Adam West Hollywood Reporter obit
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Robert Catt
2017-06-10 16:02:42 UTC
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Adam West, the ardent actor who managed to keep his tongue in cheek while
wearing the iconic cowl of the Caped Crusader on the classic 1960s series
Batman, has died. He was 88. West, who was at the pinnacle of pop culture
after Batman debuted in January 1966, only to see his career fall victim to
typecasting after the ABC show flamed out, died Friday night in Los Angeles
after a short battle with leukemia, a family spokesperson said.

West died peacefully surrounded by his family and is survived by his wife
Marcelle, six children, five grandchildren and two great-grandchildren. “Our
dad always saw himself as The Bright Knight and aspired to make a positive
impact on his fans' lives. He was and always will be our hero,” his family
said in a statement.

After struggling for years without a steady job, the good-natured actor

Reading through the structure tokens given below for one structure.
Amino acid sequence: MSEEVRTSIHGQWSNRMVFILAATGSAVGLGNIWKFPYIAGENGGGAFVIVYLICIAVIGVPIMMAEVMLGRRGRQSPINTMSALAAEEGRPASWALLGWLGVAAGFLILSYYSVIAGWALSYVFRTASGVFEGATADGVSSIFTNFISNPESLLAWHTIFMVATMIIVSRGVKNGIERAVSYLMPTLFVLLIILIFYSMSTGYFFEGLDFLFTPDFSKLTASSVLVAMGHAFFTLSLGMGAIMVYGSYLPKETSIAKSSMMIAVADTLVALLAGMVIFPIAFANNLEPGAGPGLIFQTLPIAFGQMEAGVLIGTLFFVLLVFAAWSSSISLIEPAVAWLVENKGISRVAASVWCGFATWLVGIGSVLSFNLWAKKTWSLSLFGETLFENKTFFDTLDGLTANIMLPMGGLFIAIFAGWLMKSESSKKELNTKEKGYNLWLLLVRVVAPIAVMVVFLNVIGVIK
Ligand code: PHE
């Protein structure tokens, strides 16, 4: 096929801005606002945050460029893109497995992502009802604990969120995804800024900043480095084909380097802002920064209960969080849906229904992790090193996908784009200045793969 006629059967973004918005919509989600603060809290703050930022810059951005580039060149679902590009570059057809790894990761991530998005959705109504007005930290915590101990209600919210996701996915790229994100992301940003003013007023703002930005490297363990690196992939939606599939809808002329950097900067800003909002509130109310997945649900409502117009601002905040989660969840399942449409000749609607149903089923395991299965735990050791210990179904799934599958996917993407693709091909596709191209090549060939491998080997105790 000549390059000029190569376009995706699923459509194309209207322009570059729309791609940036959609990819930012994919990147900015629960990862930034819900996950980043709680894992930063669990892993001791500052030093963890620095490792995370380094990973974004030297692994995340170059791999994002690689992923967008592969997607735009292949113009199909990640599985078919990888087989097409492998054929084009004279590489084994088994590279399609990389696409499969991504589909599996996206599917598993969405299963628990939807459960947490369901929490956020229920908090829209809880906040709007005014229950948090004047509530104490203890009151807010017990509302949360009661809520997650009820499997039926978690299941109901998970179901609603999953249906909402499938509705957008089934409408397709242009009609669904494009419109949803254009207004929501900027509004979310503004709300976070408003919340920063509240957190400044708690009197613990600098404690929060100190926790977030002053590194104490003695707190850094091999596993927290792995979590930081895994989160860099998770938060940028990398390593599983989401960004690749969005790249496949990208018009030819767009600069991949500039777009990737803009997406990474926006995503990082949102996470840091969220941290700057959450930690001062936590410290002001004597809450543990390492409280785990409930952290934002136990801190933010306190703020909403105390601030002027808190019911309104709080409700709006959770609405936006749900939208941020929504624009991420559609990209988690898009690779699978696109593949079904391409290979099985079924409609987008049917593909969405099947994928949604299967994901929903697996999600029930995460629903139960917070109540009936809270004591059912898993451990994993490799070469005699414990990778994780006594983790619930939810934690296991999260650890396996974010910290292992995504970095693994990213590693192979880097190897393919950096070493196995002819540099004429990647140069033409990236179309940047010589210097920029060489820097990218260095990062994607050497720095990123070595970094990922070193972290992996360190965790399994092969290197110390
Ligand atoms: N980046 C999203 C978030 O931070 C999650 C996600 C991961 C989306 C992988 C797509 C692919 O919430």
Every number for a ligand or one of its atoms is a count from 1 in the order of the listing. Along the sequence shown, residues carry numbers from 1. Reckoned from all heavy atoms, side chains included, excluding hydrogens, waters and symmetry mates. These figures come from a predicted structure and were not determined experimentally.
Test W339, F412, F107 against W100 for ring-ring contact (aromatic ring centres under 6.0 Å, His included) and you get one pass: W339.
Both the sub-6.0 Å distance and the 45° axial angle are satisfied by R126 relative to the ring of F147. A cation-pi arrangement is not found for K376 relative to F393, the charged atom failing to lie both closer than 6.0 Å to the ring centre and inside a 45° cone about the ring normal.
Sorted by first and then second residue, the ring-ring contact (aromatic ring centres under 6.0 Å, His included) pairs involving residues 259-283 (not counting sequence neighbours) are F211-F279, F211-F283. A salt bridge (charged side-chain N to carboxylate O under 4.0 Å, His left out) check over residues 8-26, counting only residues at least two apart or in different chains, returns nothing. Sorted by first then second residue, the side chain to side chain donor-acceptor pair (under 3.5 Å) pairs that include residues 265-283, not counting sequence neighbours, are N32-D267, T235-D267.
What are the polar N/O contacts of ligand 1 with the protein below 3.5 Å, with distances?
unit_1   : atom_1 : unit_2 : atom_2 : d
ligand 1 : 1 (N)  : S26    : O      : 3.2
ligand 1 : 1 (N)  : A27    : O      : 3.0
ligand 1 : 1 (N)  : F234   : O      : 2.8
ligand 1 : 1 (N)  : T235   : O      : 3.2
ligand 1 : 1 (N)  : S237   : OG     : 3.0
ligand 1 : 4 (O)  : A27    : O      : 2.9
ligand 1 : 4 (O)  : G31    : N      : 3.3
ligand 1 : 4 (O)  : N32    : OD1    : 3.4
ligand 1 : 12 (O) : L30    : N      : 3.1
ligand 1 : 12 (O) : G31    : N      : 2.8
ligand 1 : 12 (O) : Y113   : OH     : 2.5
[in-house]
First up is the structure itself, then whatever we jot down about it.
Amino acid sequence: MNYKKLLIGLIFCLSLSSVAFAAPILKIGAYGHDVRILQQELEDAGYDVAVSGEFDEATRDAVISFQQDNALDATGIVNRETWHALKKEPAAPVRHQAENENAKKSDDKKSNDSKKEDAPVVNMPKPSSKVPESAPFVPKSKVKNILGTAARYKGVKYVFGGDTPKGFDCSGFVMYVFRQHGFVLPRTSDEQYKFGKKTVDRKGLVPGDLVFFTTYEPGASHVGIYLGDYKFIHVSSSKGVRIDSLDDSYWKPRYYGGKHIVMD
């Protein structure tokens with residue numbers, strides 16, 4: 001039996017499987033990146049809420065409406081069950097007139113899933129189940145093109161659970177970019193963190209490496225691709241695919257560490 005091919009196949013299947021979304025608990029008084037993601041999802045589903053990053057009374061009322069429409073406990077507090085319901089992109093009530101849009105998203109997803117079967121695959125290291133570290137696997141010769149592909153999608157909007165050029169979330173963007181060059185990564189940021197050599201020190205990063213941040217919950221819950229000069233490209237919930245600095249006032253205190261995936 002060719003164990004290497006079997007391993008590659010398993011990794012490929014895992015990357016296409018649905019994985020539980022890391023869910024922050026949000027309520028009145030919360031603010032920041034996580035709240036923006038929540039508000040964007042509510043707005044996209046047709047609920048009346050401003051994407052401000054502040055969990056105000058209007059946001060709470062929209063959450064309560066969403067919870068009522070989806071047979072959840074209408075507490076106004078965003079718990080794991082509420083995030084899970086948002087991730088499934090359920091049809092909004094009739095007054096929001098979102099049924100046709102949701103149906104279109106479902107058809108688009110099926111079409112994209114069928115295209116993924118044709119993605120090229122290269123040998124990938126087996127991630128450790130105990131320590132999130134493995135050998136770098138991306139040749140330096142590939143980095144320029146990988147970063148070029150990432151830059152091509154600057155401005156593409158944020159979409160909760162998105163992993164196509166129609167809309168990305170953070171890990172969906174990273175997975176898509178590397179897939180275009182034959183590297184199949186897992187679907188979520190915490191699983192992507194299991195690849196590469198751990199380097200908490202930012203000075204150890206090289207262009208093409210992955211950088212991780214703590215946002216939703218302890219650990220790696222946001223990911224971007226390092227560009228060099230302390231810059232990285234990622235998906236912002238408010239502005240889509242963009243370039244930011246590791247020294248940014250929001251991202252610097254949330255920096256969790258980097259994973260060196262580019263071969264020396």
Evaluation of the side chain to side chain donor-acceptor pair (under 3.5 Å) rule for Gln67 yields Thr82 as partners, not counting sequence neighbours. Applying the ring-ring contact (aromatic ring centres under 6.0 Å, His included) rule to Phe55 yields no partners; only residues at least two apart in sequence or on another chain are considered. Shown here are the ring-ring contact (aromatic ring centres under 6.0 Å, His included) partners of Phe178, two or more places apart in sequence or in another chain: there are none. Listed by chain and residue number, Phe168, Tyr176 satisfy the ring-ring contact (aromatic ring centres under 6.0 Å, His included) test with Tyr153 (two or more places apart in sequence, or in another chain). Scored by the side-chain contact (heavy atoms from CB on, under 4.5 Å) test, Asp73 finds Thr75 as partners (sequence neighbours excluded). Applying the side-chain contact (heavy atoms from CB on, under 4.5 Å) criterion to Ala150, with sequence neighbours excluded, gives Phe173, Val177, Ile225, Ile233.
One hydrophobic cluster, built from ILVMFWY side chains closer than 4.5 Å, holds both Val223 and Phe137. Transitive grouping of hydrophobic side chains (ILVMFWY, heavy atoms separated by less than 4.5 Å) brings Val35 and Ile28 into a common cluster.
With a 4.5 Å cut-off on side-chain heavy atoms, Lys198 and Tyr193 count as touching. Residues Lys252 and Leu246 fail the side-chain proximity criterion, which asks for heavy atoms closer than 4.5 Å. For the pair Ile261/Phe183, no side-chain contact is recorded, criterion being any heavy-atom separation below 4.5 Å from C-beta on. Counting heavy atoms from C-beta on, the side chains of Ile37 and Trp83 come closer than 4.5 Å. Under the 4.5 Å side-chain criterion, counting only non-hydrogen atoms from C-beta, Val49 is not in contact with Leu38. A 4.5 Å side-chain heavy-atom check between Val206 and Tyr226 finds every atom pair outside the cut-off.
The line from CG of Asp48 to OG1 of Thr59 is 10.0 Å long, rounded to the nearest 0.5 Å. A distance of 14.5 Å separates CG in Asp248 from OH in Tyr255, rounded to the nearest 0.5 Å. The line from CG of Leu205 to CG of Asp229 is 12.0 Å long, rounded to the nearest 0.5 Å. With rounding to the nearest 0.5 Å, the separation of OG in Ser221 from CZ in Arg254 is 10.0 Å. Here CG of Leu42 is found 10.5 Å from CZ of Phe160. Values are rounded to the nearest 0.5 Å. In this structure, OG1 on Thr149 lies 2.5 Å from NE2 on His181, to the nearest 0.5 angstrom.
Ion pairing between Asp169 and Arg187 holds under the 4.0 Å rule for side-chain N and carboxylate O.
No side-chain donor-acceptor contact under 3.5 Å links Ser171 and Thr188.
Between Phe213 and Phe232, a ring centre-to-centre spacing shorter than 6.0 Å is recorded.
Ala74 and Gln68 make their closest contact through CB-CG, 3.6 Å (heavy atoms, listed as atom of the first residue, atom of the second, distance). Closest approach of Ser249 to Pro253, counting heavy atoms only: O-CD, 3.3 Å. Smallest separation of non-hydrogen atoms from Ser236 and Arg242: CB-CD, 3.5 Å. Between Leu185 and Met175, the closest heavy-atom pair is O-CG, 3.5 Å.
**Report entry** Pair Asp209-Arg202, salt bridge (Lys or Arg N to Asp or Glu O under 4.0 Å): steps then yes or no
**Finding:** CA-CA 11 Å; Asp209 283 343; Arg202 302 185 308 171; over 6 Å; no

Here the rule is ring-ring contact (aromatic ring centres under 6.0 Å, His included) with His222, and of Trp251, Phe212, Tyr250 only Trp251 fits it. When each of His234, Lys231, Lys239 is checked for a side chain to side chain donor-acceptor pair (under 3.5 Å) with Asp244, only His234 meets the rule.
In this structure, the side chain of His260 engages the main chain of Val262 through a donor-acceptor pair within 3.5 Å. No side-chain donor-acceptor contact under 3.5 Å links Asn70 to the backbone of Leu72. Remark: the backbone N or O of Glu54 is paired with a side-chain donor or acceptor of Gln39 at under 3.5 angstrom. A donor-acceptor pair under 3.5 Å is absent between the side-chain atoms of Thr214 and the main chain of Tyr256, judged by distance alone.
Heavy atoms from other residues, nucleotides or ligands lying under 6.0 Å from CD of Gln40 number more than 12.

reached a new level of fame when he accepted an offer to voice the mayor of
Quahog — named Adam West; how’s that for a coincidence! — on Seth MacFarlane’s
long-running Fox animated hit Family Guy.

On the big screen, West played a wealthy Main Line husband who meets an
early end in Paul Newman’s The Young Philadelphians (1959), was one of the
first two humans on the Red Planet in Robinson Crusoe on Mars (1964) and
contributed his velvety voice to the animated Redux Riding Hood (1997),
which received an Oscar nomination for best short film.

Raised on a ranch outside Walla Walla, Wash., West caught the attention of
Batman producer William Dozier when he played Captain Quik, a James
Bond-type character with a sailor’s cap, in commercials for Nestle’s Quik.
West, who had appeared in many Warner Bros. television series as a studio
contract player, was filming the spaghetti Western The Relentless Four
(1965) in Europe at the time. He returned to the States to meet with Dozier,
“read the pilot script and knew after 20 pages that it was the kind of
comedy I wanted to do,” he said in a 2006 interview with the Archive of
American Television.

He signed a contract on the spot, only asking that he be given the chance to
approve who would play his sidekick, Robin the Boy Wonder. (He would OK the